The psychology of life cycle is a branch of psychology that tries to relate the place where an individual is in the course of his/her life with the kind of issues that the person is facing and with the kind of resources s/he will have available to face those issues. And, eventually, the kind of disturbance s/he could develop in case s/he fails to cope successfully with those issues.
From a theoretical point of view, the concept of stages of life comes from the thinking of developmental scientists.
This concept not only involves the idea that there are different phases in life, but emphasizes the belief that any phase builds upon the previous ones.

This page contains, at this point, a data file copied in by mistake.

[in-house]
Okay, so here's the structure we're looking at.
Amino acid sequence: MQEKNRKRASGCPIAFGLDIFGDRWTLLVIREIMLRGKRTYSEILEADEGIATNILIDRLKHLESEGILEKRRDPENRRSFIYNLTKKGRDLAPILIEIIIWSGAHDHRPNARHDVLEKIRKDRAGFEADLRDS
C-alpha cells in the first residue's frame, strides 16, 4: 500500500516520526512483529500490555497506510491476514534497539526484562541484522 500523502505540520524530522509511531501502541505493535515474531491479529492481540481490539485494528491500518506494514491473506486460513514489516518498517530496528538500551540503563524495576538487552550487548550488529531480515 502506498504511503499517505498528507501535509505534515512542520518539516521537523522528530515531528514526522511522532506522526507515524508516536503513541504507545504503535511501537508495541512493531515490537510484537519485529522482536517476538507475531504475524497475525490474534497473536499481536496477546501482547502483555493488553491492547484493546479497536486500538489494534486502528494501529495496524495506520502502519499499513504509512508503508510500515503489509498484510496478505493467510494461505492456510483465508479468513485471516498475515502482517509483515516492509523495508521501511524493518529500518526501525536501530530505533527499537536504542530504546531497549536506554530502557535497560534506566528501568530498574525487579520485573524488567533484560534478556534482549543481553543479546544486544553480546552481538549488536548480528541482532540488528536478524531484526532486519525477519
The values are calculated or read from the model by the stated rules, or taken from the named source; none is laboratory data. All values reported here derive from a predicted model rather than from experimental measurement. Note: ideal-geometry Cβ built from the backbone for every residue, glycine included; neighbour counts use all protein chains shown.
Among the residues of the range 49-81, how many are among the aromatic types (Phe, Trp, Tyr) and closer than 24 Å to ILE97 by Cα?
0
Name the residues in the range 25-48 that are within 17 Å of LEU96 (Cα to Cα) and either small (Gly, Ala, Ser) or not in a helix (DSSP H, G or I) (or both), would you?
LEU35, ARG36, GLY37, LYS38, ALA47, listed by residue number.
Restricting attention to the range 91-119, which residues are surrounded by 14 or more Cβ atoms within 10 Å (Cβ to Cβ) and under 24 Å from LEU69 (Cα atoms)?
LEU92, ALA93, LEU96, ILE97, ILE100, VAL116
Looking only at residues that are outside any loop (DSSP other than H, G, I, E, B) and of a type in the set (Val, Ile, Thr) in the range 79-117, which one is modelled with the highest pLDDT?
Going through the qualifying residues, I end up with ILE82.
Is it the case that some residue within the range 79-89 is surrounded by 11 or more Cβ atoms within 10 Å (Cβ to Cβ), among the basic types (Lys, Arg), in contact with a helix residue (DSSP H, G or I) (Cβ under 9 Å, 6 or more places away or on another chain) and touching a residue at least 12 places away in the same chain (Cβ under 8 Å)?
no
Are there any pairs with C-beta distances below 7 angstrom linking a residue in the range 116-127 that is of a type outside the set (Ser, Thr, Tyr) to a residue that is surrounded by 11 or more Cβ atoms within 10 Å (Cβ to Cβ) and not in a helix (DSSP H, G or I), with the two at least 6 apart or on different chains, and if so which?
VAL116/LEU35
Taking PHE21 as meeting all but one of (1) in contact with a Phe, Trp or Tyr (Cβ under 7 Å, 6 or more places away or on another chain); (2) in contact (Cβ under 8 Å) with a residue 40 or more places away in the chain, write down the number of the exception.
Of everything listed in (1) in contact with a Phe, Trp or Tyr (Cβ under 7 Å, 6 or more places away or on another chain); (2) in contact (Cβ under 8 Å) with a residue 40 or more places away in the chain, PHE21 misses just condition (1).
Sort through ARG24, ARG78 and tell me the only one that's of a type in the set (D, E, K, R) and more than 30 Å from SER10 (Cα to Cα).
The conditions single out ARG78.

In the same way a boy can't learn how to divide or multiply without first knowing how to add or subtract, the fact of forming adult relationships outside of the family of origin is problematic for a person who never had acceptable relationships at home.
When understood in this manner, the concept of stages of life is a very powerful one.
For instance, this means that, in diagnosing a patient's disturbance, the life cycle psychologist will attempt to determine at what stage the individual failed to meet the task of that phase of life. The person's poor performance in the stages that follow can then be understood in terms of the lack of the required preparation for that stage.
Thus life cycle psychology is in favour of using therapy as an attempt to correct the deficits created by the unsuccessful completion of a previous stage in life.